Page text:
Changing gears, the conversation briefly shifted to current events and hot topics in MMA. The first item on that agenda was a topic Rutten is very familiar with, leg locks. Former UFC welterweight Rousimar Palhares was axed from the promotion after the Brazilian held onto a heel hook on Mike Pearce for a considerable time after the ref stepped in to stop the fight. That marked Palhares’ second offense after being harshly warned by UFC executives, and Palhares publicly pleaded with the MMA community to forgive him. In regards to the Palhares debacle, Bas stated, “A lock like that, especially with a guy like Palhares, it’s a career killer. It can really tare the knee up and when you get to a certain age you start to heal way slower, so that could be your last fight. If it was the first time I would give him a big warning, don’t give him the submission bonus, he would have won that by the way because he had the only submission, but it was the second time. The first time he had a big warning, on Inside MMA we talked about it and we had a statement from his manager that said they had been working with him on it really hard to see if he could stop doing it and that it was because he was excited. If you have already done this before, and your camp tried to un-teach you this, and you do it again, then I guess it didn’t work. I say it was the right thing to do although it hurts me to say it because I used to fight, but I would have done the said the same thing.”
Another topic of interest in recent weeks has been the decision for the Jones vs Gustafsson bout at UFC 165 and who should rightfully have the light heavyweight title. Both men fought in what we all believed would be a Fight Of The Year candidate until Gilbert Melendez and Diego Sanchez engaged in a war of the ages just a few weeks later. When asked to give his opinion on the fight between Jones and Gustafsson, Rutten said, “That is one of those cases where if you want to beat the champ and it goes to a close decision the champ always gets it. You have to win convincingly and I thought it was too close for that. I thought Gustafsson won the first two rounds but then suddenly Jones started coming, and with that big elbow, if that big elbow would not have landed I think Gustafsson would be the champ. That could have been a 10-8 round because Jones really hurt him, he showed that he had a lot of heart man, he just kept turning it up. Also Gustafsson because he was super tired but just kept fighting, the real power and snap was gone but he just kept going. Jones had a little more power in the last rounds and I think that is really what did it.”
While on the topic of judging and bad decisions, the LNCS wanted to know what Rutten thought about judging and how to fix it. Since Bas had fought under both Japanese and American rules, his insight on this matter was sure to hold its weight with most. Bas told BJPENN.COM, “It’s hard because sometimes you get scorecards that are totally opposite than the other ones and I wonder how can anyone even come close with that? What fight were they watching? They should be second guessed now and put on a list to make sure it doesn’t happen again and then three strikes they are out. Like the old woman who did the Pacquiao fight and then the Mayweather fight, they let her go now. In MMA we still have it and it’s a shame, we should have some kind of quality control and the same with referees. If they make a mistake you give them a little check mark, same with fighters, if the do something wrong they get a check mark. Look at Palhares, they give you a warning and now you have to work on it. Do something, go take a class, if you don’t understand the ground game go learn it, that’s the only thing to do. One time at a fight back in the IFL days, they asked me at the end of the night how they did and I said horrible. They were in shock and I told them give me addresses and I will send them for free my Big DVD of Combat and it will fix everything.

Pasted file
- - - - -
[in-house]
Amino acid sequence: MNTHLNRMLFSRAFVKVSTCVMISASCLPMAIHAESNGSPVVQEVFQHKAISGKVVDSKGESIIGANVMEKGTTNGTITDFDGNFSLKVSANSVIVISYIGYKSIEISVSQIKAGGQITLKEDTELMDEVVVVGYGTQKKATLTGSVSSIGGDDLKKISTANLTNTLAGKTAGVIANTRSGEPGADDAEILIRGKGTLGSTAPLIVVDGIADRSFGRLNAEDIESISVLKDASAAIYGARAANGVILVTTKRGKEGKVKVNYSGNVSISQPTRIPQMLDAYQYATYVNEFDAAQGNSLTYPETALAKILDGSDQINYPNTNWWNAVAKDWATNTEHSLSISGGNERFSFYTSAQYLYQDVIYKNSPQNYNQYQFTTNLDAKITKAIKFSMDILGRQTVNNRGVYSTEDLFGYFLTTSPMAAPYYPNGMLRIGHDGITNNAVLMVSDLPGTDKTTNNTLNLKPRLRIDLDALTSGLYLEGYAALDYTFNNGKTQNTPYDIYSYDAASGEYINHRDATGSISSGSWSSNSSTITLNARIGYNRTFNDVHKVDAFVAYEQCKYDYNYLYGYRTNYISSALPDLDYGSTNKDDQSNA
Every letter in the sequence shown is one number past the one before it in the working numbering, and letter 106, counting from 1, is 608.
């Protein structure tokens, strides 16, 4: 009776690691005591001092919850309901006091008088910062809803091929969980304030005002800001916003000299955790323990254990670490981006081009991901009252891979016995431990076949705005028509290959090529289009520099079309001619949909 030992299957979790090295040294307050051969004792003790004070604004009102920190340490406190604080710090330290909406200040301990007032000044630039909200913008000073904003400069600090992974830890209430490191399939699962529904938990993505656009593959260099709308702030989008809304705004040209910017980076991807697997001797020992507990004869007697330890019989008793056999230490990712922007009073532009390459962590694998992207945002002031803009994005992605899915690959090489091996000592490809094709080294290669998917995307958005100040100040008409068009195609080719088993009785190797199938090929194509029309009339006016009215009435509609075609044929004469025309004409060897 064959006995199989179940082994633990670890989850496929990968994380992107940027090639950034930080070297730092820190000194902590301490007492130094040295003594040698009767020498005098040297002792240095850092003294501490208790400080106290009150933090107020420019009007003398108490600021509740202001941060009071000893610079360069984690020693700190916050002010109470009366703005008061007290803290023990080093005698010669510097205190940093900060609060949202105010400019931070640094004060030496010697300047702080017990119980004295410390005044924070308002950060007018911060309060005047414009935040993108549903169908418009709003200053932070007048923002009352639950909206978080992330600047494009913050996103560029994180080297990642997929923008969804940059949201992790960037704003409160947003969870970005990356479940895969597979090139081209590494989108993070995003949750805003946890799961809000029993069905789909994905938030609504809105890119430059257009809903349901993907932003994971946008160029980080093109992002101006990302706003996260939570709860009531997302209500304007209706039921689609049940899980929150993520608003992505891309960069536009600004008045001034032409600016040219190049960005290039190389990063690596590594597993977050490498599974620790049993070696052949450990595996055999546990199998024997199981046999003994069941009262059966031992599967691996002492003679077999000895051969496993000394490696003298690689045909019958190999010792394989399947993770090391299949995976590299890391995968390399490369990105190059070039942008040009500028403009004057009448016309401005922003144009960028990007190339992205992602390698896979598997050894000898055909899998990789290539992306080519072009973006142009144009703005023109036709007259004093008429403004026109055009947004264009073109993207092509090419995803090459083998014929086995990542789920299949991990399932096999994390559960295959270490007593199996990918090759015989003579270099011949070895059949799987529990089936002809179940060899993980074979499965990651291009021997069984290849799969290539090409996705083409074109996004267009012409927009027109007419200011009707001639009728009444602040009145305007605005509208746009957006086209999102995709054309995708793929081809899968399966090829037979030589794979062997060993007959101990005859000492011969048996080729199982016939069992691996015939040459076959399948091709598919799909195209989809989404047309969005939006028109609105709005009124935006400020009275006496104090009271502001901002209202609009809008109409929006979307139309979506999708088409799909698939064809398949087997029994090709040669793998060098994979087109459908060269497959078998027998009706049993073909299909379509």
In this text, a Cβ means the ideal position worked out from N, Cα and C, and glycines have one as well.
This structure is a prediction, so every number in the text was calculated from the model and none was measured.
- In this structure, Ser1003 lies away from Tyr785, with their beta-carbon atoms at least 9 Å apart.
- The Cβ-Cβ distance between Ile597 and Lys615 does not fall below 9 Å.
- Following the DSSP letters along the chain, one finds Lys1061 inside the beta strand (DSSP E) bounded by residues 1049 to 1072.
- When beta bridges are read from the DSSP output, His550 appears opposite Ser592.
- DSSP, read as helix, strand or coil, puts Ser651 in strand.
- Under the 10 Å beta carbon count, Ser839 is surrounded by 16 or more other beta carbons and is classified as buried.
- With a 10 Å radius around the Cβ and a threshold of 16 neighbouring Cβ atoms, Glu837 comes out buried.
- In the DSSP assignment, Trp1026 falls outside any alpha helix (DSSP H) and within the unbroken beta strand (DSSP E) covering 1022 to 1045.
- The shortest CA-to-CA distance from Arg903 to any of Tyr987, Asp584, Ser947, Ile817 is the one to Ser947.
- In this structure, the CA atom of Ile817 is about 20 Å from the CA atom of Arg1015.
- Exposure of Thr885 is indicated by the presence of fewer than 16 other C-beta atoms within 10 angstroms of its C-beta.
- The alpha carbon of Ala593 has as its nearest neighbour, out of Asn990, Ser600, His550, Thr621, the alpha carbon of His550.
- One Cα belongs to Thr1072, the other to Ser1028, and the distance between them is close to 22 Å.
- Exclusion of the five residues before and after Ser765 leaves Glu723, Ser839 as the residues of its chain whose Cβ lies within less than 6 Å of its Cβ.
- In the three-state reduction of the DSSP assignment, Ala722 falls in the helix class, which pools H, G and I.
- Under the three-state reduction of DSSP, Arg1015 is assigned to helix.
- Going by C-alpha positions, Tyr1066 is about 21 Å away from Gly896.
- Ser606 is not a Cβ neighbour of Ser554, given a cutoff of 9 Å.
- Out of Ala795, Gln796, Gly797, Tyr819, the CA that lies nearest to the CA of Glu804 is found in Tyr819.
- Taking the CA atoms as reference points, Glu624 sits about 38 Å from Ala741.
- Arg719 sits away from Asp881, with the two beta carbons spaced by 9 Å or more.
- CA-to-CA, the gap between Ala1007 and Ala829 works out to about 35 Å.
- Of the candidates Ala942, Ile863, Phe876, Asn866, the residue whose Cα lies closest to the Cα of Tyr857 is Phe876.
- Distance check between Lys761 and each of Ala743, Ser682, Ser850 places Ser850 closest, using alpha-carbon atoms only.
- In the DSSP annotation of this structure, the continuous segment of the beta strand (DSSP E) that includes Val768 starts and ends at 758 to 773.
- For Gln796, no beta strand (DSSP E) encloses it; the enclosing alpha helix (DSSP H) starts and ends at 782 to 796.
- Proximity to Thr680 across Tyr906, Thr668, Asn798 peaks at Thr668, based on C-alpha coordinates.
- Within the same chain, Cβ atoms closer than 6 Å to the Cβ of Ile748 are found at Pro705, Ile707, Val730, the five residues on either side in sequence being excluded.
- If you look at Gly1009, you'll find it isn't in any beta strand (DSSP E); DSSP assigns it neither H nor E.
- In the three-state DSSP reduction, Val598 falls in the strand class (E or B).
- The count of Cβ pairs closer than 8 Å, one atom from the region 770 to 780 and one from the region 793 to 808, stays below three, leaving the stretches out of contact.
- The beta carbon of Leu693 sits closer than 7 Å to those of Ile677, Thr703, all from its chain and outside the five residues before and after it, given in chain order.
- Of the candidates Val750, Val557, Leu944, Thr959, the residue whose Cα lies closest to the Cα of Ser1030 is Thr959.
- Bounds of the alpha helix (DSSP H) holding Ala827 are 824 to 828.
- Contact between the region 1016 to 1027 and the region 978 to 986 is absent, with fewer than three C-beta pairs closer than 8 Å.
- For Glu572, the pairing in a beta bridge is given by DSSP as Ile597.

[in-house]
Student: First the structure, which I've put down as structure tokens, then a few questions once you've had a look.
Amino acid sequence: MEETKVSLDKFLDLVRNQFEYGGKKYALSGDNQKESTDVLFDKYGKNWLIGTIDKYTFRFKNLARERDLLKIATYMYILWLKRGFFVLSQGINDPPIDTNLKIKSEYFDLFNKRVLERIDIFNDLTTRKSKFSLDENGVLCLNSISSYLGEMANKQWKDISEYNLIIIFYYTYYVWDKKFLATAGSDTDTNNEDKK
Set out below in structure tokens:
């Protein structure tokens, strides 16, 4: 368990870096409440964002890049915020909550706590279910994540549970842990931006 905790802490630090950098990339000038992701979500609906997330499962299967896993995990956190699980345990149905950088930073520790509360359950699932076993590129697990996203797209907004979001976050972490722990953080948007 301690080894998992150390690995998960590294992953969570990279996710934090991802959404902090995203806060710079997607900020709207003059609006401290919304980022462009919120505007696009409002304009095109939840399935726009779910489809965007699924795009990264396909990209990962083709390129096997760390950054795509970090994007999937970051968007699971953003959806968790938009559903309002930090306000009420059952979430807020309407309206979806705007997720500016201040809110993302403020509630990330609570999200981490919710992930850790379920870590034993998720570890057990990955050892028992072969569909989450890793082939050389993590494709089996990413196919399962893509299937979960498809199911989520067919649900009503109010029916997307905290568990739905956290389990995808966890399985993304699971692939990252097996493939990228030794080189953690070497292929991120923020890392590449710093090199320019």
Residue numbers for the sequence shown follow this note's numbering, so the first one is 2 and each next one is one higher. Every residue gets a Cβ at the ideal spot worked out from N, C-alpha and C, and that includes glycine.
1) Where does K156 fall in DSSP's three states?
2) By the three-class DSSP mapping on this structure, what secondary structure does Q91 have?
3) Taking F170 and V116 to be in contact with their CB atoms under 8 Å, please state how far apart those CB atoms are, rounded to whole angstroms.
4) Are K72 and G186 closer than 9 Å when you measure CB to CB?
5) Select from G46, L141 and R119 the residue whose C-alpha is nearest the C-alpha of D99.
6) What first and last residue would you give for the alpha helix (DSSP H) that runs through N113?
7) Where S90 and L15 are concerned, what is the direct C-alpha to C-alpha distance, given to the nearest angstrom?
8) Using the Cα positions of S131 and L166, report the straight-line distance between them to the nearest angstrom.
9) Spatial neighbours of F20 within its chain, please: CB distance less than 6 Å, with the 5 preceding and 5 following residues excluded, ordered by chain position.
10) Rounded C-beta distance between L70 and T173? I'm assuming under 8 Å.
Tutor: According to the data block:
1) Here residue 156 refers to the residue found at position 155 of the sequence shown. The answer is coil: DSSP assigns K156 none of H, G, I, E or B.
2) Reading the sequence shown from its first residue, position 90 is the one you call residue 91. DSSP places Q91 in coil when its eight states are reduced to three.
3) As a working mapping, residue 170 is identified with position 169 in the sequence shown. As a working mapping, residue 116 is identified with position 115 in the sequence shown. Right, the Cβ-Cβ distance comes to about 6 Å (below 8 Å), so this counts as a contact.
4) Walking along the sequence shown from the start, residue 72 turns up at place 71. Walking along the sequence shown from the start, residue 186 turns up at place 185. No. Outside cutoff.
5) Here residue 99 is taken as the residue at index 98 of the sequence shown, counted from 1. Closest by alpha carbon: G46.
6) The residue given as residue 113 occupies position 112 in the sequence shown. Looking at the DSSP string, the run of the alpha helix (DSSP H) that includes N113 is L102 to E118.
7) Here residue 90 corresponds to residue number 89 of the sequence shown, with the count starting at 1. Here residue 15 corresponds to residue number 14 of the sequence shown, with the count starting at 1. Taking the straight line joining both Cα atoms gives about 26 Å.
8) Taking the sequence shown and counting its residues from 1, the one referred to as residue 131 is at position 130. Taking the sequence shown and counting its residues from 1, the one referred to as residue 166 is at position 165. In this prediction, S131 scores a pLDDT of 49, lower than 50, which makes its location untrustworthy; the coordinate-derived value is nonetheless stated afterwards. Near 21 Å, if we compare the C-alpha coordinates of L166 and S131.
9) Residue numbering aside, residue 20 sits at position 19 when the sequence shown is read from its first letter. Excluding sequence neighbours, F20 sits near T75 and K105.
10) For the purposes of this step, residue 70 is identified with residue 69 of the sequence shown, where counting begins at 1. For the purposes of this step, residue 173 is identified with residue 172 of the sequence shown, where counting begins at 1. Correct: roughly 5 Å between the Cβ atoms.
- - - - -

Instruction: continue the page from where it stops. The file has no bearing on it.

“I even mentioned that B.J. said it was the best instructional, I always say that now, but they didn’t give me an address, they didn’t even want to learn. This is what happened at that show, there was a referee who two times stopped a guy that had a full on triangle choke. The guy did not know what a triangle choke was and he broke them up. Another thing is, if you watch GLORY, the referees. When Saki got kicked in the armpit and the ref said it was an eight count, he just took that round away from Saki. That is why I say in boxing, kickboxing and mixed martial arts you need to have instant replay. When a fighter says, ‘Please it was under my armpit,’ it would take them literally ten seconds to that tuned up because as soon as it happens most of the time in the production truck they already marked it. All they have to do is a push a button at that moment and it automatically goes five seconds back. They could go through it really fast, give the fighter his point back and it’s done, I think sometimes that needs to happen because in a three round fight, losing one round is a big thing.”
Another combat discipline that Bas is very familiar with on a professional level is kickboxing. With the rise of GLORY and Lion Fight Promotions in the U.S., it looks like kickboxing and Muay Thai are finally receiving their long overdue recognition from mainstream America. BJPENN.COM asked Rutten what he thinks of these promotions and what they need to do to become big in the States, Bas replied, “I really like the GLORY promotion, they are doing a really good job and I think they need American champions. I think it is important for GLORY to have American champions because the reason that Pride went down, sure they had all the Yakuza stuff, but it was because they had no more Sakuraba. There was not a Japanese guy who would come close to winning the whole thing and the same thing with K-1. It’s ok if four years in a row a foreign guy wins but eventually people want to root for their own. In America they want to scream for an American who wins the whole thing, and if he makes it to the finals that will be good. If he gets canceled out and doesn’t even go to the final eight, that is not a good thing. Another promotion I really like is Lion Fights, they are doing Thai Boxing and it is a really good show.”